The presence of a Saudia-liveried aircraft at Israel’s Ben Gurion Airport in Tel Aviv stirred up a brief storm of controversy in the Middle East after images of it went viral on social media.
The Airbus A330-300, registration CS-TMT, belongs to Portuguese aircraft-leasing company Hifly. The company had sent the jet to Israel for routine maintenance with Bedek Aviation Co., a subsidiary of Israel Aerospace Industries (IAI).
“[We can confirm] that the Airbus aircraft came to IAI facilities in order to have maintenance work due to an agreement IAI has with a European company that leases the plane to Saudi Arabia [Airlines, aka Saudia],” a spokeswoman for IAI said.
Unfortunately for Hifly, Israel and Saudi Arabia have severed all diplomatic links, related to the latter country’s role as a driving force behind the Arab League’s decades-long economic and political boycott of Israel. In fact, it is believed that no Saudi aircraft has landed in Israel since 1947, shortly before the State of Israel’s formation.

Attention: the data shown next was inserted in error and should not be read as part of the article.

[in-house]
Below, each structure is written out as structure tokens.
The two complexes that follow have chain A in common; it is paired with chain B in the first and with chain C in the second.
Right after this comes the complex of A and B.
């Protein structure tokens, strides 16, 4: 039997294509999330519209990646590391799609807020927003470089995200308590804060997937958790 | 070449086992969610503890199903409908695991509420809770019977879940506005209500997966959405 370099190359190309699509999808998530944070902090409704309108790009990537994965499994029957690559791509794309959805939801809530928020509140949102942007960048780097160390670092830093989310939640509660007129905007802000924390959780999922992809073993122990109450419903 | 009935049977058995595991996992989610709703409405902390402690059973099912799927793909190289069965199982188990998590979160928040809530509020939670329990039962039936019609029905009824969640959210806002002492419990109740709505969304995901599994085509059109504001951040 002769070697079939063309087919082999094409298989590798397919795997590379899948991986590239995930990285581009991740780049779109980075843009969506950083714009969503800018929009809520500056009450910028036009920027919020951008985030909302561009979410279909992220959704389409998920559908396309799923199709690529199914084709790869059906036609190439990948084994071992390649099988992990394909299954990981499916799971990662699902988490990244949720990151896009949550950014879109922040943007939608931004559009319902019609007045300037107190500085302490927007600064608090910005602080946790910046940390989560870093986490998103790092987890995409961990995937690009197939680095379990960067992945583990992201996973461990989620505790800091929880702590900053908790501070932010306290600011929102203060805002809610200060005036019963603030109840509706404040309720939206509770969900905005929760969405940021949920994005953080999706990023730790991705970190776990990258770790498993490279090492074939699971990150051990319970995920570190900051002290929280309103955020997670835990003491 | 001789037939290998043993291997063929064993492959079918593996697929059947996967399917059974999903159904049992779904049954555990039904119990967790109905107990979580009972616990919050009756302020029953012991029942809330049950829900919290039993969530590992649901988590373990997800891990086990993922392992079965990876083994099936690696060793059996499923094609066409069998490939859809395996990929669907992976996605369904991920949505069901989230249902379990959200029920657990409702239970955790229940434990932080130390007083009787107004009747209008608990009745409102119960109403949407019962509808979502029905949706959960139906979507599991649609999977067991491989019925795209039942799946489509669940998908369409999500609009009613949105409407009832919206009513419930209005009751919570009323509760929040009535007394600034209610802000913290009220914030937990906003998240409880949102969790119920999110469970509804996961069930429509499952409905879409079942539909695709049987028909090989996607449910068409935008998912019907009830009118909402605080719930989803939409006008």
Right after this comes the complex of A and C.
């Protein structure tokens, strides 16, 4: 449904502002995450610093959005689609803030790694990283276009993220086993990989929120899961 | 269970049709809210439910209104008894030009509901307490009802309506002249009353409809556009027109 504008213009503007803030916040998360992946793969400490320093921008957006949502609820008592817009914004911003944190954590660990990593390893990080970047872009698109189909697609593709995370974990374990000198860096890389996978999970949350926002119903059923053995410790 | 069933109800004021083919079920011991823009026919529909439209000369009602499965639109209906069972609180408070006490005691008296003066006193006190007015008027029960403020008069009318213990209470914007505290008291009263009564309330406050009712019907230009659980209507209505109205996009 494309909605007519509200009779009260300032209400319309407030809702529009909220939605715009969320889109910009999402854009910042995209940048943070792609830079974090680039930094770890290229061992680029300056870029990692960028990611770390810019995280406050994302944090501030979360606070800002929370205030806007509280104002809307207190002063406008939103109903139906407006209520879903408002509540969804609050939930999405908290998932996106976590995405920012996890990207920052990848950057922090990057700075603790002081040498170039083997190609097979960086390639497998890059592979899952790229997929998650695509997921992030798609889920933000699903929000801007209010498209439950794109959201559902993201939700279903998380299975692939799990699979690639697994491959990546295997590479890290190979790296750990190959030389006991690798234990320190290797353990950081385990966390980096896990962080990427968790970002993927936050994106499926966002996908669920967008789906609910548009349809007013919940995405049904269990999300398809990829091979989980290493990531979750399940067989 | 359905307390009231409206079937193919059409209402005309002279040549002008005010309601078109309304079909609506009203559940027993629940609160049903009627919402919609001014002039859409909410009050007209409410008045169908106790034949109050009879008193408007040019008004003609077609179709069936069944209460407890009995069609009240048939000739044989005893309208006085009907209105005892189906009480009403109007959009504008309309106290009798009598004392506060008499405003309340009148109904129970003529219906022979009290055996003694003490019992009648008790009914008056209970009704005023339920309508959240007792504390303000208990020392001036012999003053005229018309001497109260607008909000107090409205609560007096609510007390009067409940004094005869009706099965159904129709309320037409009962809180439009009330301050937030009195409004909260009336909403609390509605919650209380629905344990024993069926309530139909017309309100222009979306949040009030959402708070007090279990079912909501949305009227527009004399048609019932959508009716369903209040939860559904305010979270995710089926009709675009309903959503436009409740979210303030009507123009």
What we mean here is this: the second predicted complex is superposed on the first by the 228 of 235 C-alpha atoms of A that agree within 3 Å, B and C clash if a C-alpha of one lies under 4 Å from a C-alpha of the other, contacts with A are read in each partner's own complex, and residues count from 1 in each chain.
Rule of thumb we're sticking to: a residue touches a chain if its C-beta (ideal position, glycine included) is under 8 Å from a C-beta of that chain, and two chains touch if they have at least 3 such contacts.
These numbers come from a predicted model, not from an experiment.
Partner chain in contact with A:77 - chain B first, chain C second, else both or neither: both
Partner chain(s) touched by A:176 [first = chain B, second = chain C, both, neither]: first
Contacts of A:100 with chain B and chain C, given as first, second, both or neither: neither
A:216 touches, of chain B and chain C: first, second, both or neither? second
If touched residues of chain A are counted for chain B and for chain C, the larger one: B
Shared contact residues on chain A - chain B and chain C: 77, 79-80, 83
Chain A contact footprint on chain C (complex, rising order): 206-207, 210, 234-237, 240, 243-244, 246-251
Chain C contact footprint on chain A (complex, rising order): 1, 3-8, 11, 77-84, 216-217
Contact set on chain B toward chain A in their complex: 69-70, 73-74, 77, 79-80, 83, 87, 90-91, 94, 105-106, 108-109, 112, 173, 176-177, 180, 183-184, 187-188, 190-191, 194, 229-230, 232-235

Saudia immediately canceled its contract with Hifly. In a statement, the airline said: “The company had been given a contract for air transport, to provide Saudia with planes for commercial operations. The plane was off duty and under the management of the holding company at the time when it left Saudi Arabia on May 3, for Brussels, Belgium, for routine maintenance.”
Saudia said Hifly had breached the terms of its contract, citing paragraph 7 of Article 8, which states that Hifly is committed to obtaining written approval from Saudia, that lists the airports where it is to land or the site slated to conduct routine maintenance.
The contract reads: “Such landing or operation process should take place in a country that shares diplomatic relations with the Kingdom of Saudi Arabia to enable Saudia staff and the civil aviation authority to conduct inspection and follow up on the maintenance operation at any time.”
Hifly refused to comment on the faux pas.